Northwest Institute

Working towards social and ecological sustainability in Northwest British Columbia since 1996

Technical Review of the Telkwa Coal Mine Proposal


This review was conducted by Dr. Patrick Littlejohn, P.Eng., Senior Chemical/Metallurgical Engineer with Source and a Qualified Professional in BC in the area of mine water treatment and discharge planning. It provides a third party technical review of the Tenas Coal Project Environmental Assessment Certificate Application and was conducted to support the Northwest Institute during the public comment period for the Application. Download the report here.

This review was conducted with the following focus areas and questions in mind:

  1. Geochemical sampling program – are the mineral samples collected representative of coal ore, ore halo & waste rock? Was the geochemical testing program rigorous? How much selenium is present in project rock?
  2. Source control – does the Project apply appropriate Acid Rock Drainage (ARD) mitigation measures in ways that make sense and align with overall mine plan and water balance (i.e. Potentially Acid Generating (PAG) rock submergence, waste rock pile design)? What is the potential for selenium release?
  3. Site water balance – is site water management infrastructure robust and capable of handling a wide range of weather conditions (i.e. wet years, dry years, extreme weather events)?
  4. Mine contact water quality – how contaminated is mine contact water expected to be and are predictions reasonable? How sensitive are predictions to things that may be uncertain, like PAG characterization, site water balance?
  5. Water treatment approach and capacity – how is water treatment applied, and are water treatment goals achievable with the technologies describe? Is water treatment capacity sufficient? Will treatment address potential selenium contamination?
  6. Discharge location – does the project design follow BC best available technology/initial dilution zone policy?

Summary of Findings

Significant risks were identified with the Application in each of these subject areas. To summarize:

  1. The geochemical sampling program is not sufficiently robust to characterize the ML/ARD potential of the disturbed material. The proposed approach to MLARD management relies entirely on source control, which leaves no room for error in materials identification and handling. Significant risk of onset of acid rock drainage, neutral metal leaching and selenium contamination exists with the proposed project.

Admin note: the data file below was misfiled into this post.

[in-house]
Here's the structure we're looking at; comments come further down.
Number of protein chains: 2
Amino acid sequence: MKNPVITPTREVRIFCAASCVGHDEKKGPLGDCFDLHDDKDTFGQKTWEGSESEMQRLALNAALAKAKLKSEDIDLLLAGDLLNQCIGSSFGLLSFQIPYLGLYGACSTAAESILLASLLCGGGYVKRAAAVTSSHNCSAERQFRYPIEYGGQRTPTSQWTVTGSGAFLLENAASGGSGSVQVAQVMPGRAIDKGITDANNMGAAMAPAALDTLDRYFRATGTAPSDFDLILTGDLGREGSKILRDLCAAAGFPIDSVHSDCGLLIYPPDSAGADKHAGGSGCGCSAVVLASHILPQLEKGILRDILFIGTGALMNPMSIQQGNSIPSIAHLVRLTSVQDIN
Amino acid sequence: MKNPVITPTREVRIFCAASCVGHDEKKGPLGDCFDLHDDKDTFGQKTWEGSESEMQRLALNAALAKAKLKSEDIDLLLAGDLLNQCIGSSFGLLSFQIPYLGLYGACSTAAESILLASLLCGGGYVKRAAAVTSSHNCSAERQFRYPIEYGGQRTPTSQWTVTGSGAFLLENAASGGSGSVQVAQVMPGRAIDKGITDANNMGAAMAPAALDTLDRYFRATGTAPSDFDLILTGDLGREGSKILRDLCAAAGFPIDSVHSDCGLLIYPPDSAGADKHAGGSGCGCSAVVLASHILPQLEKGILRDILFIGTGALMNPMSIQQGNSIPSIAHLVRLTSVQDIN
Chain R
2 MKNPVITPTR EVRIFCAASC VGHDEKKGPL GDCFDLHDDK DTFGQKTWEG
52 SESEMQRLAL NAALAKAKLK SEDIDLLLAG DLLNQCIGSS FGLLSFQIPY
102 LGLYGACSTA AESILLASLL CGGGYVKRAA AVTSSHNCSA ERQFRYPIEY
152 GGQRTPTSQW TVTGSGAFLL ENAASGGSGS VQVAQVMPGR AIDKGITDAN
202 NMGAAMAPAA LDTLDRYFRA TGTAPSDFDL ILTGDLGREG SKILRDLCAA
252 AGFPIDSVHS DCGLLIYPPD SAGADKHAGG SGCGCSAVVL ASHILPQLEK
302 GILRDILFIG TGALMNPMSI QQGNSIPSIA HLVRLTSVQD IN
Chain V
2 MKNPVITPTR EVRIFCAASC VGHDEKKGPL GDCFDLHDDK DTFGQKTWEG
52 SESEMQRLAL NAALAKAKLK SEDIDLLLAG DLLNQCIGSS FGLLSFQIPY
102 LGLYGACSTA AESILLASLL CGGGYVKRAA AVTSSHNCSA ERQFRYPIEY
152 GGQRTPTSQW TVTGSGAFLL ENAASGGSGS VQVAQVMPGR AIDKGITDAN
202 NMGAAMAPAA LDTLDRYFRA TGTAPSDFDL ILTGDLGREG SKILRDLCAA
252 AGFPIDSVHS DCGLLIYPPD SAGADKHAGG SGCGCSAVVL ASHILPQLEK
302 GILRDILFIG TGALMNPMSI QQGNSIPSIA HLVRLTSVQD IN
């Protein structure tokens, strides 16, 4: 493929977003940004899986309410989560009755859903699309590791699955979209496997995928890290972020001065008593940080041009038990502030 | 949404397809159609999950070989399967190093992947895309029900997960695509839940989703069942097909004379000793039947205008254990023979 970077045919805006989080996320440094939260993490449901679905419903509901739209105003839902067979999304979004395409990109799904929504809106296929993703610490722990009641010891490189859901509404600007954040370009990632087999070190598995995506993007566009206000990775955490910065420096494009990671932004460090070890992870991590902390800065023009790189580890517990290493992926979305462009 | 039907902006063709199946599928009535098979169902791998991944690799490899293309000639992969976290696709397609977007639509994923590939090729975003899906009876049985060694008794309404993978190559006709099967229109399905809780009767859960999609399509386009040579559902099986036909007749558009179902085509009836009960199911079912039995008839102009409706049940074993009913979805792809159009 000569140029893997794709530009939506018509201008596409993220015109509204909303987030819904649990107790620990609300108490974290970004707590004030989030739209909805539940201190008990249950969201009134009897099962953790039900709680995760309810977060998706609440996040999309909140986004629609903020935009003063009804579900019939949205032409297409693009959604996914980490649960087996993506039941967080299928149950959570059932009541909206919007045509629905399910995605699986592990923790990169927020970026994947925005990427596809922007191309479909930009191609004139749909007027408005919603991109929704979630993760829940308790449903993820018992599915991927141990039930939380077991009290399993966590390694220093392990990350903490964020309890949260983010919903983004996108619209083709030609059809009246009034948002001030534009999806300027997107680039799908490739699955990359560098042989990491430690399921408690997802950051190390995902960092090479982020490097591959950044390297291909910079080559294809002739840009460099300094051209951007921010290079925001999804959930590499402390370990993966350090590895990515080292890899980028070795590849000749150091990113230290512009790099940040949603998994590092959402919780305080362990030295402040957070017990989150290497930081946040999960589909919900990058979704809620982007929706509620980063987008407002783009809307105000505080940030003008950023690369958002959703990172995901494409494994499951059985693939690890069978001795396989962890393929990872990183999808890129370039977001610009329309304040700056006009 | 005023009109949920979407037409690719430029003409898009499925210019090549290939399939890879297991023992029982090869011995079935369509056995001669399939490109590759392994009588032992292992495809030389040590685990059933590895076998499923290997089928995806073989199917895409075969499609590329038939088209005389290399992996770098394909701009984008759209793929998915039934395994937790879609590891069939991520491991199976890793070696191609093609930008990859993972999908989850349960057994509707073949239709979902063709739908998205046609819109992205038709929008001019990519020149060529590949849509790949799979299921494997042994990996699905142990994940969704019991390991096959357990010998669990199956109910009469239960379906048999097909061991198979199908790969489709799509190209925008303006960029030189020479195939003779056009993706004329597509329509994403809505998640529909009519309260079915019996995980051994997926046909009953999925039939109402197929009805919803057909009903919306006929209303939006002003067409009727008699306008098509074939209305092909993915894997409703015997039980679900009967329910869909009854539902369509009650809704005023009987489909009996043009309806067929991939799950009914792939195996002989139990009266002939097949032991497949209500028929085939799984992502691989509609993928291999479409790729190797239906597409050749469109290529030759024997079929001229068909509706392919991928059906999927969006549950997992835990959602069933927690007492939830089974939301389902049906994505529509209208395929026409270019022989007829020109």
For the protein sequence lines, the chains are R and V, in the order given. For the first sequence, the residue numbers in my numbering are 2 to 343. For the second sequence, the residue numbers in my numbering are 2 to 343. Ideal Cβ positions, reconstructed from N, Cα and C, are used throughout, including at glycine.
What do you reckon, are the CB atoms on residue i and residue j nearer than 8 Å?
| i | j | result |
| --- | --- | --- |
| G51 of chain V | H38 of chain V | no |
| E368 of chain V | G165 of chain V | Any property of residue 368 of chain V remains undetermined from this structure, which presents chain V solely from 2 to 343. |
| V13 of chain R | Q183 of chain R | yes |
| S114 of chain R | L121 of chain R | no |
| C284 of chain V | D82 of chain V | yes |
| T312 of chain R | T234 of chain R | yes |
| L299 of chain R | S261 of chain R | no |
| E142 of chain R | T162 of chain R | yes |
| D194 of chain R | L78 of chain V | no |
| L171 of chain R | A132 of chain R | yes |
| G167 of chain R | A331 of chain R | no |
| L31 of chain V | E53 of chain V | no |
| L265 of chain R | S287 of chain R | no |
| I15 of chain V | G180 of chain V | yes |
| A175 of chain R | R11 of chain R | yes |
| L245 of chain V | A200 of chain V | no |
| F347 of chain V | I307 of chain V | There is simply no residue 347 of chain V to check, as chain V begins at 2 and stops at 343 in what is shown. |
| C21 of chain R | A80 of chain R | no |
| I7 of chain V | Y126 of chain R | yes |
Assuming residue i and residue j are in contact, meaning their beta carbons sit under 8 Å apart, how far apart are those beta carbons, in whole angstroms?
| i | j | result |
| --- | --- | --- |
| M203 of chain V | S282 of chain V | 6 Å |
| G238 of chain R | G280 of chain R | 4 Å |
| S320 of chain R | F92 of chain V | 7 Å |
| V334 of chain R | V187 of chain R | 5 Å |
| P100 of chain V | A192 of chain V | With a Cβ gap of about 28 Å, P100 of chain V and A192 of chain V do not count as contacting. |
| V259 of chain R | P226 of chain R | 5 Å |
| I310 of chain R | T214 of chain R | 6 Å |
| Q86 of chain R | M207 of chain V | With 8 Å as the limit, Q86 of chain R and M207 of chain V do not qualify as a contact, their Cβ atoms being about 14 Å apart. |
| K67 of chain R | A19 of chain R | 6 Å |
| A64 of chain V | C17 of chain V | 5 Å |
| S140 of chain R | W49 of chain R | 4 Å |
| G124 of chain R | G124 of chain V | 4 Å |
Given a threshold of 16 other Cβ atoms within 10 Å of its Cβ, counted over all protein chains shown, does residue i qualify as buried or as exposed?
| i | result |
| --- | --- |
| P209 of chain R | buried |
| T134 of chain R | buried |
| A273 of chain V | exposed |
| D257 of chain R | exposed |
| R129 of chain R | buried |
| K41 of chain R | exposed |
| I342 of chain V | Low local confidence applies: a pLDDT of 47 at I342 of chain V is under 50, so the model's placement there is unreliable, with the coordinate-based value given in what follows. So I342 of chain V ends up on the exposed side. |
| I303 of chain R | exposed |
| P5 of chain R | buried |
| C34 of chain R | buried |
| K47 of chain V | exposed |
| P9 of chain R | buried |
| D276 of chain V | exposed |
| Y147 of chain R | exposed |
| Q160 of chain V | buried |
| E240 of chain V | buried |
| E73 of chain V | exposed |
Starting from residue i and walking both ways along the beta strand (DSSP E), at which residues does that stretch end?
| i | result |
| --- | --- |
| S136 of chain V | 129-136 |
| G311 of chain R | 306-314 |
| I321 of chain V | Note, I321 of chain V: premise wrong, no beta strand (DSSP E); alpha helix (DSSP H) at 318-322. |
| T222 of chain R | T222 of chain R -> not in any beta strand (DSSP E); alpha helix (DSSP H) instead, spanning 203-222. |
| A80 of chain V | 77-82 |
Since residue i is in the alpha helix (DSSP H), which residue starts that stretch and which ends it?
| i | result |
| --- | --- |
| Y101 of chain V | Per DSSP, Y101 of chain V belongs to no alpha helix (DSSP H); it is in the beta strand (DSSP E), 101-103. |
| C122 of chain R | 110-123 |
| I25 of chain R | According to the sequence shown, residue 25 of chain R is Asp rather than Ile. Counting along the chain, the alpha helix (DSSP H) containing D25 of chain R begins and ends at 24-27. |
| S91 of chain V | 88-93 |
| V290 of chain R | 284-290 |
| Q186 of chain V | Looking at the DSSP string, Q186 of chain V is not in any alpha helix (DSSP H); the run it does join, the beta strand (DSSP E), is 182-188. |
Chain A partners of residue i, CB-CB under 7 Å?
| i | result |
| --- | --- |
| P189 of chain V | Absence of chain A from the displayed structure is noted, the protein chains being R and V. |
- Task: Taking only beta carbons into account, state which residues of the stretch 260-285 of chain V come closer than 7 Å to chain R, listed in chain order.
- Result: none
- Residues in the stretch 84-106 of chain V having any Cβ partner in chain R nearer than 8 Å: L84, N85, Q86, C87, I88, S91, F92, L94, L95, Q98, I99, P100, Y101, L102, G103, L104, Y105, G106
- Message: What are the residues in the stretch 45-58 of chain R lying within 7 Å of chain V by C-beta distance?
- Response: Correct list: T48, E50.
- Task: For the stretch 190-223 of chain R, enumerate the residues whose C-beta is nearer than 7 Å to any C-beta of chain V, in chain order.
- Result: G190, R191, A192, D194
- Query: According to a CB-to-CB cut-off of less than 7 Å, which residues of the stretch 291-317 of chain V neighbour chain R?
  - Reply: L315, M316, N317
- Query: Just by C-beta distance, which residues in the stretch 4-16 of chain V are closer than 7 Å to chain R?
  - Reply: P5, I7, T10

2. The Application contains insufficient evidence/analysis supporting the idea that the implementation of source control is practical and can be executed under a range of climate conditions or in the context of geochemical uncertainty.
  3. The Application includes water management features that are designed to meet 1-in-10 year storm events. Discussion of variable climate conditions (i.e. climate change) are limited. Given that the project is to operate for over 20 years with a total lifespan including closure/post-closure of close to 50 years, use of shorter or less conservative design basis adds risk of impacts to the environment.
  4. Expectations of mine water quality are optimistic and do not entertain the possibility of onset of ARD if any aspect of the mine plan does not go according to plan (i.e. mishandling of PAG material, failure of source control measures, higher than expected geochemical source terms, or flushing of oxidation products prior to material submergence).
  5. Water treatment is not included in the application. Any contamination that occurs in mine contact water is proposed to be released directly to the receiving environment without treatment. This is a significant deviation from best practices in BC and represents a major risk to the downstream environment.
  6. The Application proposes site specific water quality targets that are significantly less conservative than BC’s generic guidelines using a process that does not align with BC’s policy. The Application does not include use of Best Available Technology to prevent contamination and so does not follow BC policy on initial dilution zones.

Overall, the project design is predicated on an optimistic interpretation of limited geochemical data and the ability to execute a mine waste and water management strategy with little margin for error. Modeling conducted by the proponent indicates that they expect the immediate receiving environment to be degraded with mine-borne contaminants including a 200 fold increase in selenium concentration in local creeks. The project does not follow BC policy on application of Best Available Technology to prevent contamination in the downstream environment. All of these factors mean that there is significant risk of the project having both short and long term negative impacts on water quality in the downstream environment.